When a HCW does develop an infectious disease, the facility needs procedures to follow up and prevent the spread of the disease. There should be clear delineation of who is to be notified, maintenance of records, data management and confidentiality. The Occupational Safety and Health Administration (OSHA), in their 1991 OSHA "Occupational Exposure to Bloodborne Pathogens; Final Rule" requires employers, including health care facilities, to establish and maintain an accurate record for each employee with occupational exposure to bloodborne pathogens. The regulation goes on to require that each employer ensure that an employee's medical records are kept confidential, not disclosed or reported without the employee's express written consent to any person within or outside the workplace, except as required by law, and maintained by the employer for at least the duration of the worker's employment plus 30 years.

Health counseling along with medical management of the ill worker is another crucial element for effectively handling infections or exposure to infection. Health counseling provides individually-targeted information regarding risk factors, how to prevent transmission to others, risk of long term illness or other adverse outcomes, how the disease/exposure will be medically managed and consequences to others both inside and outside the facility.

Specific handling of infectious diseases and/or exposure can be found in the AJIC special article "Guideline for Infection Control in Health Care Personnel, 1998." This extensive guideline discusses educational needs, prevention issues and special populations of employees such as the pregnant HCW, laboratory workers, emergency response workers, immunocompromised workers, latex sensitive personnel and persons covered under the Americans with Disability Act. These guidelines provide an excellent resource for assisting in the development of policies and practices for infection control in HCWs (Table 3).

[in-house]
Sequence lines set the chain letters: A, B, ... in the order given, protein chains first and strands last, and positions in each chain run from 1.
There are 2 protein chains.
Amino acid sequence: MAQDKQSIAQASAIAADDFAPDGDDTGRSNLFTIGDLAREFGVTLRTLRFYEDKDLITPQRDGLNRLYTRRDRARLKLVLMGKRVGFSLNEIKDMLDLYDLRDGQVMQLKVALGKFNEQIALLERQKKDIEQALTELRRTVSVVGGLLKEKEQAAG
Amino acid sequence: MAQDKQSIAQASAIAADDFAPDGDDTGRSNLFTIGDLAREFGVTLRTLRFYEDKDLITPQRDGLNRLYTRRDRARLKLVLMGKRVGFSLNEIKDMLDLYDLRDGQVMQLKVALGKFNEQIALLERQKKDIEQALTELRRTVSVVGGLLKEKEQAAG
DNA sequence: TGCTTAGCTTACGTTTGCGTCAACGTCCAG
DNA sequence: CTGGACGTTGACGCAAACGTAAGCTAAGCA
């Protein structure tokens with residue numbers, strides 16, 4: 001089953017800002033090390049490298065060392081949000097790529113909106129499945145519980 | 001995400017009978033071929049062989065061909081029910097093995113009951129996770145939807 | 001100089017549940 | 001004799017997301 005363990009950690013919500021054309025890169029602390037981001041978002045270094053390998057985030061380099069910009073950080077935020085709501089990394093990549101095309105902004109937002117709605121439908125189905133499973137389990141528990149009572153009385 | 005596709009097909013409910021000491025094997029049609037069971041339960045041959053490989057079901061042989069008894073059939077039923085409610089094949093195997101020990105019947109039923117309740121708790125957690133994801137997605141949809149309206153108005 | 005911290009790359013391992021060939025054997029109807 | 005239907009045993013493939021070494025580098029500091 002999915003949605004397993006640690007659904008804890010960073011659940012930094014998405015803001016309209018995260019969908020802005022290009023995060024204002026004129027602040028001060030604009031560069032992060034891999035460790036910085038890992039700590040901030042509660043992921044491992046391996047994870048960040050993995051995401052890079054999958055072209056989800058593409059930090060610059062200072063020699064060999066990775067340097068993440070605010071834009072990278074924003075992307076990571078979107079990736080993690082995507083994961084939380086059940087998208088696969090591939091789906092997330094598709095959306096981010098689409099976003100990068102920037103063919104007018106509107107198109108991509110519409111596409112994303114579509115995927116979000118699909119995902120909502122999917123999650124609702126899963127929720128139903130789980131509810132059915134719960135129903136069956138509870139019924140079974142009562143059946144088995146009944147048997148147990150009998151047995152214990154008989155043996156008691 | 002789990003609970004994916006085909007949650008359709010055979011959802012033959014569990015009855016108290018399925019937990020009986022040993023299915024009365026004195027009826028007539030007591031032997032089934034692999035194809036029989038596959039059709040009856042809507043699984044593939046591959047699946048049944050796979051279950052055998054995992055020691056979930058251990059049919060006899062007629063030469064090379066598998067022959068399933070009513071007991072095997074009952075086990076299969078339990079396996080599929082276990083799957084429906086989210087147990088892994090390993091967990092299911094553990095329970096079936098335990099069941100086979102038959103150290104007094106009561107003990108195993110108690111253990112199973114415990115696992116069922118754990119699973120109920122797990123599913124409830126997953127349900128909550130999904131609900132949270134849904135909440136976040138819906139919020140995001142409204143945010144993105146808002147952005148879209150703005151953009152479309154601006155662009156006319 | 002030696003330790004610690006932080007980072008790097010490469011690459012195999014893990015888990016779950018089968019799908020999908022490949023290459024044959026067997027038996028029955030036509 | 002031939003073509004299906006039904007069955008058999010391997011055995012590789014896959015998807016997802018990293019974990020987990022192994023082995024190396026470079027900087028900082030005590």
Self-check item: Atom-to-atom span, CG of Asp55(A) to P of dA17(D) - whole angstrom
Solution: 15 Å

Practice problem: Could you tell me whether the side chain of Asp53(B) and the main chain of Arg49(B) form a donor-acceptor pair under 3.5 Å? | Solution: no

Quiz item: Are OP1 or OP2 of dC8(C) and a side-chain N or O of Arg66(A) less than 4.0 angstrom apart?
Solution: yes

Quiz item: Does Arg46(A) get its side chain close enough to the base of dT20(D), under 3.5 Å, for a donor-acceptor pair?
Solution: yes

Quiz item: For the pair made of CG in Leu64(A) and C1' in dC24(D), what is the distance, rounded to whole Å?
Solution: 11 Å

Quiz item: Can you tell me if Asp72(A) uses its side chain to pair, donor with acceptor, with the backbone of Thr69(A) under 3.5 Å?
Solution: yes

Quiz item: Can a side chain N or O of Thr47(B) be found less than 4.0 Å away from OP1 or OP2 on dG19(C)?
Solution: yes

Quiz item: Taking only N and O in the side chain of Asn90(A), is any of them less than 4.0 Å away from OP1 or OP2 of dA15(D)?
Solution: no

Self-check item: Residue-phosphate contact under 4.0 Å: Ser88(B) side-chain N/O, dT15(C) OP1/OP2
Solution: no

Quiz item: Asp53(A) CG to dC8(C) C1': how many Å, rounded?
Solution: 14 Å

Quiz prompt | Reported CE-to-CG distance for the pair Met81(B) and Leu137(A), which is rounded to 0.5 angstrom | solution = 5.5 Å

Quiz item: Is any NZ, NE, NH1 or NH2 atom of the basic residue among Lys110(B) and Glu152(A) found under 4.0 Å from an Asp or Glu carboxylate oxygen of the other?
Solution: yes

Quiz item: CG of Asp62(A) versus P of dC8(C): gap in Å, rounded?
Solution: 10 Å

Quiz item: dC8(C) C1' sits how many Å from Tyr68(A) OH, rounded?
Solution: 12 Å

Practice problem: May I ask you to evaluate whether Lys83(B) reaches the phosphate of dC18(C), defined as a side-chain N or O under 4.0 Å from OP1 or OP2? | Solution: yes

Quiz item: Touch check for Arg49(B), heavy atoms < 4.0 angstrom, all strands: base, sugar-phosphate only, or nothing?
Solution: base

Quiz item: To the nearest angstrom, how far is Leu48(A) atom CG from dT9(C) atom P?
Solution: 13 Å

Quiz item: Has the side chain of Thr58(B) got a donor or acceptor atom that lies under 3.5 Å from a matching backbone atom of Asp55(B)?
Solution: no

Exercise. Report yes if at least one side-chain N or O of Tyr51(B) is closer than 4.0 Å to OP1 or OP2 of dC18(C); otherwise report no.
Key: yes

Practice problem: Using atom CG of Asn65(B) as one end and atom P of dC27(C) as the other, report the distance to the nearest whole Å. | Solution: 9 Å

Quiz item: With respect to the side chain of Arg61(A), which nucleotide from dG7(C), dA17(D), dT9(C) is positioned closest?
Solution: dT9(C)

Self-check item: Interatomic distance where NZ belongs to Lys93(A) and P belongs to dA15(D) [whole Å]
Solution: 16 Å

Table 3: Immunobiologics and schedules for healthcare personnel (modified from ACIP recommendations): Immunizing agents strongly recommended for healthcare personnel

Generic name

Hepatitis B recombinant vaccine
Influenza vaccine (inactivated whole or split virus)
Measles live-virus vaccine
Mumps live-virus vaccine
Rubella live-virus vaccine
Varicella-zoster live-virus vaccine

Primary booster dose schedule

Two doses IM in the deltoid muscle 4 weeks apart; third dose 5 months after second; booster doses not necessary.
Annual single-dose vaccination IM with current (either whole- or
split-virus vaccine)
One dose SC; second dose at least one month later
One dose SC; no booster
One dose SC; no booster
Two 0.5 ml doses SC, 4-8 weeks apart if 13 years of age or older.

Indications

Healthcare personnel at risk of exposure to blood and body fluids
Healthcare personnel with contact with high-risk patients or working in
chronic care facilities; personnel with high-risk medical conditions and/or are 65 years or over.
Healthcare personnel born in or after 1957 without documentation of (a) receipt of two doses of live vaccine on or after their first birthday, (b)
physician-diagnosed measles, or (c) laboratory evidence of immunity;
vaccine should be considered for all personnel, including those born
before 1957 who have no proof of immunity.